The United States has a dark history of slavery. Sadly, this is a topic that is seldom discussed. Juneteenth, which commemorates the end of slavery in the United States, is included in this. For nearly 150 years, the national government has been reluctant to proclaim this day a public holiday. President Joe Biden signed the Juneteenth Bill on June 18, 2021, designating June 19 as a federal holiday.

Facts About Juneteenth

  • The name Juneteenth comes from the combination of the words June and nineteenth. It is also known as “Juneteenth Independence Day”, “Freedom Day”, or “Emancipation Day”.
  • On January 1, 1863, President Abraham Lincoln signed the Emancipation Proclamation to abolish slavery. More than two years passed before this news reached the slaves who lived in Texas. On June 19, 1865, Union Army Major General Gordon Granger arrived in Galveston, Texas, and informed the slaves that they were free.
  • In 1980, the state of Texas was the first state to declare Juneteenth a state holiday. However, since 1866, Juneteenth has been celebrated informally by many.
  • People usually celebrate Juneteenth with parades, music, picnics, church services, and other activities.
  • The celebration of Juneteenth transcends borders. Juneteenth is celebrated at El Nacimiento in Coahuila, Mexico by the Mascogos population. This population are descendants of Africans from Texas and the indigenous group called Seminoles who fled to Mexico in the early 1800s. In Mexico, they are known as the Black Mascogo tribe and they celebrate Juneteenth every year.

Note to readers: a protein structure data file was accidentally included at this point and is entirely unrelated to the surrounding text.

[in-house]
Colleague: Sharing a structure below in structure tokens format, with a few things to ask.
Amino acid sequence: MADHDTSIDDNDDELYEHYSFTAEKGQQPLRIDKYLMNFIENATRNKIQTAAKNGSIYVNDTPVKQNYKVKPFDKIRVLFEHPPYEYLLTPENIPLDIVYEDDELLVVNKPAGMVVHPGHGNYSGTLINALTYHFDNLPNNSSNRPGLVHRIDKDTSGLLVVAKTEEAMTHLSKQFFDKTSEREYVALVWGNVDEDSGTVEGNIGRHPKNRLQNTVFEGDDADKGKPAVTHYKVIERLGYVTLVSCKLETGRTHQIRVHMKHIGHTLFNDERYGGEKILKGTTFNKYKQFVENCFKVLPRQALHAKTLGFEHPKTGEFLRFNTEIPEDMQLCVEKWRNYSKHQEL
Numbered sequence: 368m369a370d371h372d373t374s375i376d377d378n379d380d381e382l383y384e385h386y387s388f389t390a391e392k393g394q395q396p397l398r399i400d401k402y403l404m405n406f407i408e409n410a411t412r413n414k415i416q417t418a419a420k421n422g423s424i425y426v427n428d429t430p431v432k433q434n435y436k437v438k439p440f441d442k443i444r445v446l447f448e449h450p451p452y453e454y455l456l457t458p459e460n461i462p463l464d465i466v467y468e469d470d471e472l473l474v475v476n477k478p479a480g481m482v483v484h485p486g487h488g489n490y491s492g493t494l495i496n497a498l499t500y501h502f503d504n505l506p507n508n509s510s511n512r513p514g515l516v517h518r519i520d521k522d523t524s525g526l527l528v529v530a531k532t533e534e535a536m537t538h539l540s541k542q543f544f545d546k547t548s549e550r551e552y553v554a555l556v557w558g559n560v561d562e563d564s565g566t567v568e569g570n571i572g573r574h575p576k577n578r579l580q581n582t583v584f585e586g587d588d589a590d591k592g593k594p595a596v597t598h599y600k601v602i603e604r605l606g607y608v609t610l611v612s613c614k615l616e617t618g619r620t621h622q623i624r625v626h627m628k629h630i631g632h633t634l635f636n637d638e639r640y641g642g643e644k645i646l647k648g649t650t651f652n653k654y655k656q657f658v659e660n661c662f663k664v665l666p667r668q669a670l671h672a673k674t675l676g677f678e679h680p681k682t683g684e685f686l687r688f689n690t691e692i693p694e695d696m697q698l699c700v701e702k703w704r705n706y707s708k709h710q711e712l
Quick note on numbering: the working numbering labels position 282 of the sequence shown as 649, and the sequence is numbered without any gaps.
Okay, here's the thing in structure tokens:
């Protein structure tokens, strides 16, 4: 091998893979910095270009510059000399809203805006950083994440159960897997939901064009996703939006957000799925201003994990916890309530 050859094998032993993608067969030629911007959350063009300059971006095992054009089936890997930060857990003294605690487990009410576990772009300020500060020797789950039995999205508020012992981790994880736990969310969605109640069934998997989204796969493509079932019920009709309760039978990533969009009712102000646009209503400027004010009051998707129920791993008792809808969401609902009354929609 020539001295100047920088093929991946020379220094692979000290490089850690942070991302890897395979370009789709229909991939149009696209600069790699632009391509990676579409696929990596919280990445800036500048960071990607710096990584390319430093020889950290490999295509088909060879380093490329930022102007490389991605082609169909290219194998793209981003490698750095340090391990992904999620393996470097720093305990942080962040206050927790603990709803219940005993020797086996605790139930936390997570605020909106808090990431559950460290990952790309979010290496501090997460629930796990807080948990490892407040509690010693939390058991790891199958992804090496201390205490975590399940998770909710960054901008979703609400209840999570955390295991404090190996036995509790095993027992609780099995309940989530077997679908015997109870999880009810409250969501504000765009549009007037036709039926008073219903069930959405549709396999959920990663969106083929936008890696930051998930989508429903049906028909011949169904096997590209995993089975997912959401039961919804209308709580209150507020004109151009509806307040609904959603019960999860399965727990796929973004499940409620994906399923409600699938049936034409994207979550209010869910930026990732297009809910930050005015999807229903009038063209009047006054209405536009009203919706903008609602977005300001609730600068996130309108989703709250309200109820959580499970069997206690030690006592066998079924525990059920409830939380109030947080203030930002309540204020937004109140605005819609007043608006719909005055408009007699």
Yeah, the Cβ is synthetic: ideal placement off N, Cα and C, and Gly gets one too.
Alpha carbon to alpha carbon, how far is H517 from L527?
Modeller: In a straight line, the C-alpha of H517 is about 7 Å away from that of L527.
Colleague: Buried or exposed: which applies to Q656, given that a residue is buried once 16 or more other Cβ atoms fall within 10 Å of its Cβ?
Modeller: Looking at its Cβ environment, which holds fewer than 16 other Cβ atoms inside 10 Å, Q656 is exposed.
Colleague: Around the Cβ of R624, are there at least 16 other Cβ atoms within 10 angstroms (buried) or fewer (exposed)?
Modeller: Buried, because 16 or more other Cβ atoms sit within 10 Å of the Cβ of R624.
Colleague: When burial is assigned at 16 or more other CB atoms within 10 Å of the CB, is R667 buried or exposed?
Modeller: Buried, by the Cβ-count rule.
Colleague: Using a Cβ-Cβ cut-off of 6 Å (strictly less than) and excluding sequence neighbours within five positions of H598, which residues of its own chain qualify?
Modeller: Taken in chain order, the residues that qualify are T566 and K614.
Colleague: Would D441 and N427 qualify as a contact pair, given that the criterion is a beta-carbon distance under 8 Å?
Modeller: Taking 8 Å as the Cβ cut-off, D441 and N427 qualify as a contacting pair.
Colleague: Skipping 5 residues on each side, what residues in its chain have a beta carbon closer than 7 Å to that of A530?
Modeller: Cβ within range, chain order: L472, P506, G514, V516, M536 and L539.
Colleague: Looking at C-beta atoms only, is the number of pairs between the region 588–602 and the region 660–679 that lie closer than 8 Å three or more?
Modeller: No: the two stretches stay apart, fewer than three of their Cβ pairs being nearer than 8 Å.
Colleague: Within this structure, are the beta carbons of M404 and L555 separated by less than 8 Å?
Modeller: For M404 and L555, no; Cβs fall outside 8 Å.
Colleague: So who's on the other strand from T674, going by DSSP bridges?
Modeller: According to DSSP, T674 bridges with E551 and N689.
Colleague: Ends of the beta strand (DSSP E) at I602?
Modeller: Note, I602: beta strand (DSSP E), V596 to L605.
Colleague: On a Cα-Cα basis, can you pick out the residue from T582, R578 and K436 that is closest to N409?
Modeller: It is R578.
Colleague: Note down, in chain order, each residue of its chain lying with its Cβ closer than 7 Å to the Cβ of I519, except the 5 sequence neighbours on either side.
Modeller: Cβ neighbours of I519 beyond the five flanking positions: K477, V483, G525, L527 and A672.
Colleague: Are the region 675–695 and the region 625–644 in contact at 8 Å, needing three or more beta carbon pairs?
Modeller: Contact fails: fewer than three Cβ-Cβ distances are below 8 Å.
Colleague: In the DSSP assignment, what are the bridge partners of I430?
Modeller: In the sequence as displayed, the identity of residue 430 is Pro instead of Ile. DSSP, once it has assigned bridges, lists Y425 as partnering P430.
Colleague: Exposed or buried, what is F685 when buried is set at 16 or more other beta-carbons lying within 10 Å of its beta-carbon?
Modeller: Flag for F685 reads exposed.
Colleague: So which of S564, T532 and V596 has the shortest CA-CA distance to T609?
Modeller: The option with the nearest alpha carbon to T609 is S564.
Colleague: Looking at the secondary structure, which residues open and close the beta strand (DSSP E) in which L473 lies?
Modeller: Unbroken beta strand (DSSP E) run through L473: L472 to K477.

Reading Resources

Educational Resources

We encourage you to educate yourself and the young people in your life about the history of this holiday. Please find a list of resources below:

  • Teaching Juneteenth: This learning plan on the history of Juneteenth acknowledges hard history while also empowering students to be advocates for change – written by Coshandra Dillard for Learning for Justice.
  • Focus on Equity for Juneteenth and Beyond: These resources can help unpack the complex history of this observance that originated in Texas—including the need for intervention from the federal government and efforts toward obscuring what actually took place.t – courtesy of Learning for Justice.
  • What we can do now, reflections on Juneteenth: This newsletter features many great resources that you can use to inform yourself and to spark conversation with kids of all ages – courtesy of EmbraceRace.
  • Black Emancipation and the Legacy of Juneteenth: Making Juneteenth official alone doesn’t do that. Without true and transformative action to protect the liberation of all people, celebrating can easily become a performative act of unity. What we desperately need is solidarity and action behind the observation. The date recognizes not the liberation of Black people, but the need to protect their right to freedom. We must act accordingly instead of waiting for someone else to do that work. – written by Nicole Cardoza for Anti-Racism Daily